'Grandview Rapist' heading back to parole board in August

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Former doctor Edward F. Jackson Jr., now 75, was convicted of more than 90 charges related to the sexual assaults of more than 30 women in the 1980s.

A prolific serial rapist, once known as the “Grandview Rapist,” will once again have the opportunity to seek early release from prison, but prosecutors and those associated with the case want him to remain behind bars.

Edward F. Jackson Jr., now 75, was convicted in two separate cases and sentenced to a prison term of between 282 and 985 years for the sexual assaults.

As required by Ohio law, Jackson has occasionally been offered an opportunity to appear before the Ohio Parole Board to ask for early release. His most-recent appearance before the board was in 2009 and the board denied his request, setting his next request opportunity until August 2019.

The rapes took place between 1975 and 1982 and had no specific demographic target. He would wear a ski mask, tie up the victims with knotted ropes and call them by name, showing a predatory level of preparation.

Franklin County Prosecutor Ron O’Brien said Jackson doesn’t deserve to be released from prison and the sentence imposed when he was convicted was proof.

“Jackson has served barely one year for each victim that he left with life-long trauma,” O’Brien said in a news release.

Jackson was arrested in 1982 while burglarizing an empty apartment. When police searched his vehicle, they found a list of the names of more than 60 women and a date beside each name.

Those names correlated to Jackson’s victims, including two women who had testified against another man who served five years in prison before being released on the day Jackson was arrested.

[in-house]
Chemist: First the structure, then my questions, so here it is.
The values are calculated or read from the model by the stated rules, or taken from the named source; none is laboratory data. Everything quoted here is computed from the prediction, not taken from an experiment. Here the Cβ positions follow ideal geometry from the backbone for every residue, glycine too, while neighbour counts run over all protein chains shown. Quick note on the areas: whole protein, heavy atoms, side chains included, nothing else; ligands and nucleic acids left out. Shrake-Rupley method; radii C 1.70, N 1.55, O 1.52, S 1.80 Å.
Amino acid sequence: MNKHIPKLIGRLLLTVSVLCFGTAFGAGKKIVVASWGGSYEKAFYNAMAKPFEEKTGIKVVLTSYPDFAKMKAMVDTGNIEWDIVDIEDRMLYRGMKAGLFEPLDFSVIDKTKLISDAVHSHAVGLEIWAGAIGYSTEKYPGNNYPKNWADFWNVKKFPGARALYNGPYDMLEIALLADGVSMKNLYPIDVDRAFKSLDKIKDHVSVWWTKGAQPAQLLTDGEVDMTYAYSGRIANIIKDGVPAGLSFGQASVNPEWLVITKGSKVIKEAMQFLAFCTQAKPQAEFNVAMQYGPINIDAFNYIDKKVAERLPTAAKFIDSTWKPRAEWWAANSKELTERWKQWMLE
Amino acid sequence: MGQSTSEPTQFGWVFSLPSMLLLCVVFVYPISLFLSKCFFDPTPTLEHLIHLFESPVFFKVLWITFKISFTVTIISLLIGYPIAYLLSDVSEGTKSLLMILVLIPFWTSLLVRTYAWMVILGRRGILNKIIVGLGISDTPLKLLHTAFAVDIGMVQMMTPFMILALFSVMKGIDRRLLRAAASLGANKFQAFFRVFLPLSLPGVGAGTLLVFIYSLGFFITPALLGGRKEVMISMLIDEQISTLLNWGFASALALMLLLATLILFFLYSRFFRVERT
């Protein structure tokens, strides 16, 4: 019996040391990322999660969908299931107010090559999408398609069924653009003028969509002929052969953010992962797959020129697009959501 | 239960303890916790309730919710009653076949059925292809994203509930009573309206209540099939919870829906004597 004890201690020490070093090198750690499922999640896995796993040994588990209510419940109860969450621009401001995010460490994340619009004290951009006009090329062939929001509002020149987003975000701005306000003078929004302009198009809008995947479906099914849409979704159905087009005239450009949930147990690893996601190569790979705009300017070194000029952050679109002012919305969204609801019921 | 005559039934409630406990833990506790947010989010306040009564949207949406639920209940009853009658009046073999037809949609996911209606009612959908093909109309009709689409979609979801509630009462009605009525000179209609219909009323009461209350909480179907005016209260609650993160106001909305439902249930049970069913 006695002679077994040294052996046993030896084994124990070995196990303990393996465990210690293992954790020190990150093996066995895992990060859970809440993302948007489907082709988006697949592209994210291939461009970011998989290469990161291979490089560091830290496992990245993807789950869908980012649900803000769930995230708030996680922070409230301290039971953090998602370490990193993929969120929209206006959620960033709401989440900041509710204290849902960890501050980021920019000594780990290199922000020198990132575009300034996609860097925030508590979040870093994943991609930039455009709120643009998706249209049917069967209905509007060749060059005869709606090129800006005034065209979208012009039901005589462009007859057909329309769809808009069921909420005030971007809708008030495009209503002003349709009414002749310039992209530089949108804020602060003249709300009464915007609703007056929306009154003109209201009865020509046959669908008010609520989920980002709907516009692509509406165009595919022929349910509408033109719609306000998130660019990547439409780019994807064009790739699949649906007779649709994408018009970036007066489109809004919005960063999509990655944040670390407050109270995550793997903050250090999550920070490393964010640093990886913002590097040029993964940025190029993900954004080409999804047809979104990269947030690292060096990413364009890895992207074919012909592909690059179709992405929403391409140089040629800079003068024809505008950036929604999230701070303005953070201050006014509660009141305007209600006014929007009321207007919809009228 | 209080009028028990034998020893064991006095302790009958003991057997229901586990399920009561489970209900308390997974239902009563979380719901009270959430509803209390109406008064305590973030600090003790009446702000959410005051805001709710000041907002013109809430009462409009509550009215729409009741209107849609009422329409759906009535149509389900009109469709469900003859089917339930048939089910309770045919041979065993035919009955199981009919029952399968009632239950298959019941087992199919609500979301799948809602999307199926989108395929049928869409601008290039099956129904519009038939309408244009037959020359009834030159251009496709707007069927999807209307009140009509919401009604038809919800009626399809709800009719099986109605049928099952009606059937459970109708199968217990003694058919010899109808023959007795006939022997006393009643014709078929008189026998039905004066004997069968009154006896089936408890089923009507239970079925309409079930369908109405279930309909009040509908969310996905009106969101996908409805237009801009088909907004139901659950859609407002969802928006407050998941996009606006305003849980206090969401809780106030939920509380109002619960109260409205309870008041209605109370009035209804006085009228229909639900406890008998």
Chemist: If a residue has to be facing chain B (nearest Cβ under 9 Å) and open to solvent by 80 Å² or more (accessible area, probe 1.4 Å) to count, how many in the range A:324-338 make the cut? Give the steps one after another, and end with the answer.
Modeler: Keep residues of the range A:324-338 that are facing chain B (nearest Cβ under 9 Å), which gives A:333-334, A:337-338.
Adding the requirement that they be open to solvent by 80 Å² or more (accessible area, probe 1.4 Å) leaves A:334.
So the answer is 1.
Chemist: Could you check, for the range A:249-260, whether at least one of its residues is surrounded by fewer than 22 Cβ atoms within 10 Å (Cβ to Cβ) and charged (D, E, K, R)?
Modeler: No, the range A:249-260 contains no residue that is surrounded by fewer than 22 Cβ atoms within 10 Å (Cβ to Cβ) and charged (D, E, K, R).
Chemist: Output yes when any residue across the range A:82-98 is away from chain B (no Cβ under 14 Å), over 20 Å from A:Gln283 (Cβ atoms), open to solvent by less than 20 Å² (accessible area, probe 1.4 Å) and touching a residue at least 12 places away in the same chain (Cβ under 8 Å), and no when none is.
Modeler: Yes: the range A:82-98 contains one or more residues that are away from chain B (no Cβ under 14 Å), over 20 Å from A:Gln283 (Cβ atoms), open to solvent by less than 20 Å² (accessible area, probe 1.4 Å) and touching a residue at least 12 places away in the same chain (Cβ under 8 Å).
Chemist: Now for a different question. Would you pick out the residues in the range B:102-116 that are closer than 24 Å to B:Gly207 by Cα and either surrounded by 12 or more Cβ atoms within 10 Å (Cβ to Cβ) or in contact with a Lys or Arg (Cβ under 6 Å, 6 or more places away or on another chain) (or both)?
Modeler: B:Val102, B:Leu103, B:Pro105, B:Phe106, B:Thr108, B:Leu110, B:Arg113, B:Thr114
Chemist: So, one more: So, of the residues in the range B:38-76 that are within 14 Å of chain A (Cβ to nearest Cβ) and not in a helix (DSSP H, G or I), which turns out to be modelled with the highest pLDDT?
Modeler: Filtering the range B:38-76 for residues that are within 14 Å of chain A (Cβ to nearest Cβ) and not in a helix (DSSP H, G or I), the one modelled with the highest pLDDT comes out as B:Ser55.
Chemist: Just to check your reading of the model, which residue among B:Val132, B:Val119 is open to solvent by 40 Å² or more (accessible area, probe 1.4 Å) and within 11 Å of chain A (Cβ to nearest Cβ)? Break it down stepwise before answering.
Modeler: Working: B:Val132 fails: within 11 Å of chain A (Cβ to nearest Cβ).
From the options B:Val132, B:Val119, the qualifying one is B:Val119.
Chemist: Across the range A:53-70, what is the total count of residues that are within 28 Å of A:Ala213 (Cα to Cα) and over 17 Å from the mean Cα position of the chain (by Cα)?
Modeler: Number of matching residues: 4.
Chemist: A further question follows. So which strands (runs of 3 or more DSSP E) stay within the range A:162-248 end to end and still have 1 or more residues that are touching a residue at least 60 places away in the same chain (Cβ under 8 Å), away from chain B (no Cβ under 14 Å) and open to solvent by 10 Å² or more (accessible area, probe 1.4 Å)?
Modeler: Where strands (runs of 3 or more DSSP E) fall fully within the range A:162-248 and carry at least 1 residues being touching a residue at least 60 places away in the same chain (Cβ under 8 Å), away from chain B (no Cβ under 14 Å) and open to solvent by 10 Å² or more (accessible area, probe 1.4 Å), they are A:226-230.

More than 35 victims agreed to pursue charges against Jackson, setting a record at the time for the number of charges filed in a single case. Citing intense media coverage, the defense was able to get the trials moved to Summit and Hamilton counties.

In 2012, Jackson requested a commutation of his sentence from then-Gov. John Kasich, who denied the request.

One woman, who filed a letter with the court in 1983 opposing Jackson’s release on bond pending trial, told The Dispatch she was the best friend of one of Jackson’s last known victims.

She recalled the victim telling her about a man who went through a window to break into the home she was sharing with another woman. Once inside, the man, later identified as Jackson, tied ropes around both women’s necks. Jackson asked the women if they were in a state of grace to die and had placed them on the floor in the shape of a cross.

After being unable to become aroused, Jackson fled.

The woman, whom The Dispatch is not identifying, said her friend had a rope burn around her neck for days after the attack.

No date has been set for Jackson’s August hearing before the Ohio Parole Board. He will not have an attorney for that hearing, according to officials with the Ohio Department of Rehabilitation and Correction.

Those wishing to express their thoughts to the parole board can do so by mailing correspondence to:

Ohio Parole Board, Department of Rehabilitation and Correction, 4545 Fisher Road, Suite D, Columbus, Ohio 43228.

Correspondence should include Jackson’s name and his inmate number, A175658.

Correspondence to the parole board can also be submitted online through a form on the parole board’s website at www.drc,.oh.gov/parole-board.

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